geminiann03015 — Announcement

PHOENIX on Gemini South Reveals Clues about the Origin of Fluorine

19 August 2003

PHOENIX was used to sample multiple stellar atmospheres and has revealed tantalizing clues that neutrino interaction during the supernovae explosion of massive stars is involved in the genesis of fluorine. PHOENIX uses a Gemini supplied 1024 x 1024 InSb Aladdin II array.

Despite our awareness of fluorine's unique properties, its astrophysical origin is not well understood. Like most heavy elements, fluorine is a product of nuclear reactions in the hot cores of stars during various phases of their evolution. Furthermore, fluorine is not easy to observe in the universe, and very few spectroscopic measurements of fluorine in stars exist. Until the recent Gemini work reported here, only a meager set of data for a few stars in our own Milky Way was available.

A spectroscopic program conducted at Gemini South, located on Cerro Pachón, Chile, has changed this picture. Katia Cunha (Observatório Nacional, Brazil) led a PHOENIX team of researchers on Gemini South to measure the abundance of fluorine in our own galaxy's satellite, the Large Magellanic Cloud (LMC), and in the massive galactic globular cluster ω Centauri. The team studied fluorine in its most accessible form, hydrofluoric acid (HF), which is detectable through vibration-rotation transitions falling in the near infrared close to the wavelength of 2.3 microns (main figure and Figure 1). These Gemini observations provide unique insight on how fluorine behaves as a function of the abundance of the other elements, specifically metals, helping to identify how fluorine is made.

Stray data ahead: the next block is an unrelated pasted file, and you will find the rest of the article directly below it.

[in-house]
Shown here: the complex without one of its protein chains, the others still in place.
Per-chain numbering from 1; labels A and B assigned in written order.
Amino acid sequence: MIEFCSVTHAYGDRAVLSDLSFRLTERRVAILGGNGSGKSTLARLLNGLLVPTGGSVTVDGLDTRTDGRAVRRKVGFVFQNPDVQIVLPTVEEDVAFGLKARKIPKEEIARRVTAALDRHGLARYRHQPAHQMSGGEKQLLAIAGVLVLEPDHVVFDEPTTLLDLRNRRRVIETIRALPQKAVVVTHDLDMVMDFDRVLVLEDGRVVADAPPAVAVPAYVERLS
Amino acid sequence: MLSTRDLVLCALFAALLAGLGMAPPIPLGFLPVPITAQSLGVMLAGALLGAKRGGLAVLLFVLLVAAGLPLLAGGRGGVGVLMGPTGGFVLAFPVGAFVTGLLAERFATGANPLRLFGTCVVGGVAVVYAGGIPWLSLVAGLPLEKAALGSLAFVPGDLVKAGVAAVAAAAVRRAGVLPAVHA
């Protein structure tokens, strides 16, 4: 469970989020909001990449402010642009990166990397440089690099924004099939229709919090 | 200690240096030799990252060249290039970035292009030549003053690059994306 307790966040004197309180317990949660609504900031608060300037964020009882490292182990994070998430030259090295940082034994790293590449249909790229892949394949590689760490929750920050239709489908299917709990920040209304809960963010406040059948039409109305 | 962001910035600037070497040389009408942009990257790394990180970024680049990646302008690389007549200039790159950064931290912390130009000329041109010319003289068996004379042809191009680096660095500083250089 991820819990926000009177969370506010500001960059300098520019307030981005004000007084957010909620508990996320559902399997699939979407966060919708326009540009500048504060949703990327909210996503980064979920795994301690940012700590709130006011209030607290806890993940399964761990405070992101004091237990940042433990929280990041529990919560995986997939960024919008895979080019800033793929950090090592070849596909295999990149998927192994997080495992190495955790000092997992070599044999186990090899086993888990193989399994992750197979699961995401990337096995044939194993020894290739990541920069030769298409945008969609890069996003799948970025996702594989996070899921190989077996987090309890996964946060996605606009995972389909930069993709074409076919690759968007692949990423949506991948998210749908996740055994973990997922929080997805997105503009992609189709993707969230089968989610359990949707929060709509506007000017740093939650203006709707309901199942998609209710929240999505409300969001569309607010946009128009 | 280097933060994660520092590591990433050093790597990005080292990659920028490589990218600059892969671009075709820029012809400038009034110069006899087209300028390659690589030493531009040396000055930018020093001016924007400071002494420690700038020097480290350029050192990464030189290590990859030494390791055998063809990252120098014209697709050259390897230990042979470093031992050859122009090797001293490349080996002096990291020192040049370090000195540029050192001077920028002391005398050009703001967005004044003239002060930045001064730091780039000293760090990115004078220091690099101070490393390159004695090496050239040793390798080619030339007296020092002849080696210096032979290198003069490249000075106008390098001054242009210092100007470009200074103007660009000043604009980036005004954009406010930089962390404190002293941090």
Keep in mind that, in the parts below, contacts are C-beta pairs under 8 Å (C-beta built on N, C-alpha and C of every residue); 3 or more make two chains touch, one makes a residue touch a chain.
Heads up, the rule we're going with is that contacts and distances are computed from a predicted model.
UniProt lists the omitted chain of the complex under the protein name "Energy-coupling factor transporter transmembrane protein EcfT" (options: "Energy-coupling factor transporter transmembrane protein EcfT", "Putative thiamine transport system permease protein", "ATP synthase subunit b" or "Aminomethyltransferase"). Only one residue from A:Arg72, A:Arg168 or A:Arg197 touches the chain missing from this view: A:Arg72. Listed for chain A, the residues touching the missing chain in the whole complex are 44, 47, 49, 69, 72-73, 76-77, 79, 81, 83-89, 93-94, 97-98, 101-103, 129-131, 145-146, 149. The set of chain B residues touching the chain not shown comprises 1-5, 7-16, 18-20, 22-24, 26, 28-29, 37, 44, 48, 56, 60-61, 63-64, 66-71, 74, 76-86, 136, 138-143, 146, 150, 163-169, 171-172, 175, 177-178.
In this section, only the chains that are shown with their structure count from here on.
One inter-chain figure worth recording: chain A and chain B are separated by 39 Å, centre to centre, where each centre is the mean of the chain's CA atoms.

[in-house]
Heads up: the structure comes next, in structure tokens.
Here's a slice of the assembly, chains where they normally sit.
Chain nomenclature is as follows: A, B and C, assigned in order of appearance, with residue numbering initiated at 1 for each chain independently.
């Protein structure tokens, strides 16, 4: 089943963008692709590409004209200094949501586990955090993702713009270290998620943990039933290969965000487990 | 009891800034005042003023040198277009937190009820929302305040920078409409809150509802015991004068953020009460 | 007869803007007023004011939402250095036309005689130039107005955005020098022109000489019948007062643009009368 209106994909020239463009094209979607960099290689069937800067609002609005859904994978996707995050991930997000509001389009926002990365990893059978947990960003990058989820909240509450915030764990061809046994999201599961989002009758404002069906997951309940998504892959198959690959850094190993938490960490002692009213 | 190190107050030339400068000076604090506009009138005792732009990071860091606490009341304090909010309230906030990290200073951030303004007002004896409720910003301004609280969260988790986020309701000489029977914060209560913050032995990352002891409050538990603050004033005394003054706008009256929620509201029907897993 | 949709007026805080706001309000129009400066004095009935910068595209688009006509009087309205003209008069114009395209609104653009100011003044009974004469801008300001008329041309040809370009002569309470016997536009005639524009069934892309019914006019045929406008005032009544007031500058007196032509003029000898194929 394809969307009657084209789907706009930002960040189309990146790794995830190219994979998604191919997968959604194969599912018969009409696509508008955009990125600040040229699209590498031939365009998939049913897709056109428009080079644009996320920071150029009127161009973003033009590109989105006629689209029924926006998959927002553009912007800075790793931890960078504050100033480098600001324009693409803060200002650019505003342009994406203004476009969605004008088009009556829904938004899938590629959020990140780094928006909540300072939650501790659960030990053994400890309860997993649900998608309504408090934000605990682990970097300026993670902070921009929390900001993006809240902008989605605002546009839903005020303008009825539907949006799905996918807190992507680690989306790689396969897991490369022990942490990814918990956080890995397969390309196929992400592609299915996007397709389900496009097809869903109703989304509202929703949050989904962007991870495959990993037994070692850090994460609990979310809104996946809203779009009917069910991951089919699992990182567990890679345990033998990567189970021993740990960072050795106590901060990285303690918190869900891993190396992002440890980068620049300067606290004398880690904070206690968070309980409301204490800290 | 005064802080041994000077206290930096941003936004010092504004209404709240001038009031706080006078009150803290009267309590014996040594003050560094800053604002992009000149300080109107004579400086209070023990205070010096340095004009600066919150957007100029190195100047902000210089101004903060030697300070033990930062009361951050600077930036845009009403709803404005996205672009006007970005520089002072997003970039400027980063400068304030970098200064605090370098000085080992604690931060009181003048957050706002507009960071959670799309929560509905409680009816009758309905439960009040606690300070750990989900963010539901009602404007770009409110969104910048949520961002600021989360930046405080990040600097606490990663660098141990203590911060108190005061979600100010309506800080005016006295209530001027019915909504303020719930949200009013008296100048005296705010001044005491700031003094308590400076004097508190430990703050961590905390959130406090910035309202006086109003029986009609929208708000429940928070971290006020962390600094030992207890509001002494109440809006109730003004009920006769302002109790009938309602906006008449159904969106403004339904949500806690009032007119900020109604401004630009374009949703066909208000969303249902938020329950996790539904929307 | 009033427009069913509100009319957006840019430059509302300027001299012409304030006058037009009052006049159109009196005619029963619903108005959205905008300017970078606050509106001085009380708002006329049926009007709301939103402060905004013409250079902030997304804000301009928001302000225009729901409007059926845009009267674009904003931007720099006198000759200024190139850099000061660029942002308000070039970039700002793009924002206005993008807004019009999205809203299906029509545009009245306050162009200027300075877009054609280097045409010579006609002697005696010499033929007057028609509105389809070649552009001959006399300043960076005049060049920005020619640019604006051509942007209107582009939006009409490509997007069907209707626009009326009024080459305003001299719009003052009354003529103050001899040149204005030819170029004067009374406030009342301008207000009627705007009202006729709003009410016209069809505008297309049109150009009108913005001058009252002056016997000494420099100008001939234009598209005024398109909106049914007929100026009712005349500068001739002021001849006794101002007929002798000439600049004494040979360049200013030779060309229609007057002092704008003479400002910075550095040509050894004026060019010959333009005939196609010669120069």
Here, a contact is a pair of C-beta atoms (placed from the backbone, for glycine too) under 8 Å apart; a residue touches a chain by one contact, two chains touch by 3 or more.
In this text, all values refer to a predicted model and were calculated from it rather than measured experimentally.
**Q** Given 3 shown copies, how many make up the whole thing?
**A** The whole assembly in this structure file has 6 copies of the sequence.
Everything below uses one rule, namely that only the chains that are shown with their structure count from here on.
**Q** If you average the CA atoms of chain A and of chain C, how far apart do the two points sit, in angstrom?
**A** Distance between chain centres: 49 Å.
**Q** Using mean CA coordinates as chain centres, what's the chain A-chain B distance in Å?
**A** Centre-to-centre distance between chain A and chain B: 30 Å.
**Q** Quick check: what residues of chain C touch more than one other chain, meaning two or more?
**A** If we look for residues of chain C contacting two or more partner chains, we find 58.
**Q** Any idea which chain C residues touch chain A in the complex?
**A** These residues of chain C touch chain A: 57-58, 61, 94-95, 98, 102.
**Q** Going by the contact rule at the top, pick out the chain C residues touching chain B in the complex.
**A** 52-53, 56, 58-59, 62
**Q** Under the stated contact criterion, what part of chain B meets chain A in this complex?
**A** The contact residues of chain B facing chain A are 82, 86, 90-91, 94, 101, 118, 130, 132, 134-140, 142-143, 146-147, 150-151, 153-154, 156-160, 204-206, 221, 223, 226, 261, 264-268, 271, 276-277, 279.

To better understand how the abundance of fluorine depends on metallicity and stellar populations, Cunha and her collaborators compared their Gemini measurements with known K and M type stars of our own Milky Way. The total sample of stars with fluorine abundance determinations contains 23 red giant stars across three stellar populations including the solar neighborhood, ω Centauri and the LMC. It is to be noted that the abundance of fluorine, like that of other elements, does not only depend on the yield from nucleosynthesis processes. Star formation history and element dispersal mechanisms can also play important roles.

Nine red giants stars in the LMC and two in ω Centauri were observed with PHOENIX. The behavior of the fluorine abundance as a function of oxygen (Figure 2) and iron (Figure 3) show definite trends. The figures clearly reveal that the ratio of fluorine to oxygen [F/O] decreases from the near-solar metallicity galactic stars, to lower metallicity LMC giants and Arcturus (α Bootis). Oxygen is produced in the supernova explosions of stars with masses greater than ~8-10 Msun (SN II). In contrast, iron is mostly from lower mass stars supernovae (SNI).

The main mechanisms for producing fluorine in stars are: (1) neutrino-induced spallation of a proton from Neon-20, referred to as the neutrino process; (2) synthesis from helium capture by Nitrogen-14 during asymtoptic giant branch (AGB) thermal pulses; and (3) production of Fluorine-19 in the cores of massive Wolf-Rayet (W-R) stars. Because the ω Centauri stars show depletion of fluorine instead of enrichment, the authors easily discard the AGB stars as an important cradle of fluorine. For Wolf-Rayet stars to be major providers of fluorine, they need to undergo, more substantial mass loss than currently accepted.